'Taliban torched over 200 Swat schools in 2 yrs'
Taliban militants have burnt down more than 200 schools in Pakistan's restive Swat valley in the last two years and made all out efforts to prevent girls from receiving education, a media report in Pakistan said on Sunday.world Updated: May 24, 2009 12:22 IST
Taliban militants have burnt down more than 200 schools in Pakistan's restive Swat valley in the last two years and made all out efforts to prevent girls from receiving education, a media report in Pakistan said on Sunday.
The militants told the residents in the valley that if they were good Muslims they would stop sending their daughters to schools, 'The Sunday Times' said in a report from Mingora, the capital of Swat.
"Every evening (Taliban commander) Maulana Fazullah, nicknamed 'Radio Mullah', broadcasts the names on the radio of girls who had stopped going to school - it would be, 'Congratulations to Miss Kulsoon or Miss Shahnaz, who has quit school.' Then he warned others if they continued with their education they would go to hell," the paper said.
The Taliban have torched over 200 of Swat's 1,500 schools in the last two years, it said. The military offensive against the militants resulted in what Martin Mogwania, the acting UN humanitarian coordinator, called "the most dramatic displacement in the world."
According to UNHCR, the UN refugee agency, more than 1.7 million people have been rendered homeless in just three weeks. On Friday, the UN appealed for 340 million pounds, while officials urgently tried to find new sites for camps.
The newspaper also gave a graphic account of the havoc created by Taliban in Swat. A 22-year-old medical student from the valley had secretly catalogued the horrors of life in Swat under the Taliban.
The burning-down of schools, bodies hanging upside down, public lashings and decapitated heads with dollars stuffed in their nostrils and notes reading, 'This is what happens to spies,' were all captured on the student's mobile phone at great personal risk, the report said.
The paper noted that Fazullah in December announced a deadline of January 15 for all girls to stop attending school.
The medical student's account was corroborated by Ziauddin Yusufzai, who ran two schools in Swat and was spokesman for the private school association until he fled the bombing three weeks ago.
"Once, my wife went shopping in a market popular with women and a man with long hair and a gun came and terrorised them and shouted, 'Haven't we warned you women not to come to shops? Next time we'll kill you.'"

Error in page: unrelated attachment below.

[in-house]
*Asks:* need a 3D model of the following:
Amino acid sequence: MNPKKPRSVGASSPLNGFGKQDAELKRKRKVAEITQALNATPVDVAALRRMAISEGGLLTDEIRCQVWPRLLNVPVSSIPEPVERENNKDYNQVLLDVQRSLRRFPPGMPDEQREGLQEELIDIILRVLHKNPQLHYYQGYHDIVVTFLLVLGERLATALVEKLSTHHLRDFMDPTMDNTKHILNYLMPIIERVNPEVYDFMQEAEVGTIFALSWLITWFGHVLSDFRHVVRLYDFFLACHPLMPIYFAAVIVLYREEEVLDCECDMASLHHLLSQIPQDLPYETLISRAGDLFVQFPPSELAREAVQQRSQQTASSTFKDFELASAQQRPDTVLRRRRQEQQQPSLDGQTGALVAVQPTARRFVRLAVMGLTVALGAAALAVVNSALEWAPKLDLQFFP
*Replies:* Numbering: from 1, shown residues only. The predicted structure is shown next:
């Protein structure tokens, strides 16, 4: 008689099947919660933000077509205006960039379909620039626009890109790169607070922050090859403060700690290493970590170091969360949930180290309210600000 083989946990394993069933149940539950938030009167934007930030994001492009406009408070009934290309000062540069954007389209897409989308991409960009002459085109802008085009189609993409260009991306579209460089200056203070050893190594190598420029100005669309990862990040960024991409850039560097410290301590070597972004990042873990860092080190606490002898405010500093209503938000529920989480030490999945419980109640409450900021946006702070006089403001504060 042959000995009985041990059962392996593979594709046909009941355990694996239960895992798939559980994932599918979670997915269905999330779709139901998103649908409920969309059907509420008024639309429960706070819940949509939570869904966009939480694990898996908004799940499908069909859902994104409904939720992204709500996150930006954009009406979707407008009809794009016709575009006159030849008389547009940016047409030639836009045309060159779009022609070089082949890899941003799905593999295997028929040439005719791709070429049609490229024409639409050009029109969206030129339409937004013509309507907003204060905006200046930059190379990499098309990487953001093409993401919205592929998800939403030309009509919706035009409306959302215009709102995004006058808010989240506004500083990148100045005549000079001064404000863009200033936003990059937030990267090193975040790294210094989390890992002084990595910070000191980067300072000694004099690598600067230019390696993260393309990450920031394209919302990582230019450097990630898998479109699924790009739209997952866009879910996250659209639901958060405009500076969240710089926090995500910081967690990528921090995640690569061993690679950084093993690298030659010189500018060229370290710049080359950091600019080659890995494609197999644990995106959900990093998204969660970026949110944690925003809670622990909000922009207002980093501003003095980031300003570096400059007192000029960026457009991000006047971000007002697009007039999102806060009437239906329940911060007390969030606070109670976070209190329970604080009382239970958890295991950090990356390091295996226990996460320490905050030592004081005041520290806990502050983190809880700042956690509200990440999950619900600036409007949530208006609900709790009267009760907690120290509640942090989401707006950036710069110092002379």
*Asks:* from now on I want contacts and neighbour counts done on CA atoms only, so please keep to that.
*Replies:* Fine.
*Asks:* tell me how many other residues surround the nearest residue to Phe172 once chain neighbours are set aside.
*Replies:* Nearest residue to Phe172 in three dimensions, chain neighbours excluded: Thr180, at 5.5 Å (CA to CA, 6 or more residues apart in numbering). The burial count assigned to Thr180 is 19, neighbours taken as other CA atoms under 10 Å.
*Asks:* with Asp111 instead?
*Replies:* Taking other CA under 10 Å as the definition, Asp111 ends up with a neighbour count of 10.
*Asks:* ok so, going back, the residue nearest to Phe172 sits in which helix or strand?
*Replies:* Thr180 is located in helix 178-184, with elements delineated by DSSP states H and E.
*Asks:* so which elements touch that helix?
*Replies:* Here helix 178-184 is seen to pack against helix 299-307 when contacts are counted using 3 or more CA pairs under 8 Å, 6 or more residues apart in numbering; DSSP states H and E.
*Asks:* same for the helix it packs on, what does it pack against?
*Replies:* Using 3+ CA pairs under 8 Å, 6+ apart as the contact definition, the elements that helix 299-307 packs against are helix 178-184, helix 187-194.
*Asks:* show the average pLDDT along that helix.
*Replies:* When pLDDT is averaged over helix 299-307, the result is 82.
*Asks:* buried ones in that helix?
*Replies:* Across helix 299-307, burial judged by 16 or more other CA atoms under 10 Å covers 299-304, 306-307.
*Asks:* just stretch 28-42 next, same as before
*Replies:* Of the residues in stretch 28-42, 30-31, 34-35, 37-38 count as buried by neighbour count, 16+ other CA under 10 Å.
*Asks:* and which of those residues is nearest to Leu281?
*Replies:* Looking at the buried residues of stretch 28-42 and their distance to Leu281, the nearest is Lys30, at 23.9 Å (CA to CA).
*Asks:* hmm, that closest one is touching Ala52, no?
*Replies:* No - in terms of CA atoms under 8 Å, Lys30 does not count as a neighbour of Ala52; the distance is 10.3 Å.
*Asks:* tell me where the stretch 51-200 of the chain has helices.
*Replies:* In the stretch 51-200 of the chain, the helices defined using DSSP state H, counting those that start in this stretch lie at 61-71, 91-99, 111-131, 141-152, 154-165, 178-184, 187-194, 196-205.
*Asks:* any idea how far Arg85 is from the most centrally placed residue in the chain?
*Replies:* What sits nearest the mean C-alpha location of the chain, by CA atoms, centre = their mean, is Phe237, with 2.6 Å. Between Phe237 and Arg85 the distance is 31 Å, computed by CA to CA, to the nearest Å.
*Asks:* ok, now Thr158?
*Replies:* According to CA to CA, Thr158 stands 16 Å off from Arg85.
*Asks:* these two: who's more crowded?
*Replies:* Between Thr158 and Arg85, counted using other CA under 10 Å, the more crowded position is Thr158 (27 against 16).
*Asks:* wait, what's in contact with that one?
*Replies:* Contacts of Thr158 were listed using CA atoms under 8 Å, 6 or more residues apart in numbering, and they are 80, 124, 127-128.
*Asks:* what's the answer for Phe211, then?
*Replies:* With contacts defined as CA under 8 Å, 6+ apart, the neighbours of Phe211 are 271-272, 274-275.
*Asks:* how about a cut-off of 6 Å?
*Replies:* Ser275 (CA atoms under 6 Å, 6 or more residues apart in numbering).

Yusufzai, too, admitted that Fazullah won widespread popularity early on. "Fazlullah used his radio to spread venomous propaganda," he said.
"He was winning the support of many people. The whole town would go to Friday prayers and he would arrive on a horse, his long hair flowing, as if he were the prophet."
Fazlullah's call for the restoration of Islamic law was broadly supported. The Taliban were also seen by many as a class movement - occupying the homes of wealthy residents. Yusufzai estimated that by the end of 2007 the Taliban controlled 30 per cent of Swat.
Two army operations intended to remove the Taliban merely tightened their grip, the paper said. "The army would tell people to leave their villages, but instead of clearing them of militants it seemed they were cleared for militants."
It was the combination of international pressure and the militants' proximity to the federal capital Islamabad that finally persuaded the army to act. "They're not going to salute a Mullah Omar, no way," explained President Asif Ali Zardari in an interview to the newspaper.
"It was fine when the militants were just tools but now the tools have come to threaten the masters. It's a different fight," he said.
Rehman Malik, the Interior Minister, said: "We had a choice: either we hand over the country to the Taliban or we fight, and we have decided to fight. We will not stop now until we have cleared them all."
About 15,000 members of the security forces are fighting between 4,000 and 5,000 militants in Swat. According to the army, more than 1,000 militants and 50 soldiers have been killed, though the lack of media access to the area meant it was impossible to verify those figures.
According to the Interior Minister, Fazullah's forces have been receiving help from Al-Qaeda. Malik said that among those captured in Swat were four Saudis, a Libyan and an Afghan, all currently under interrogation.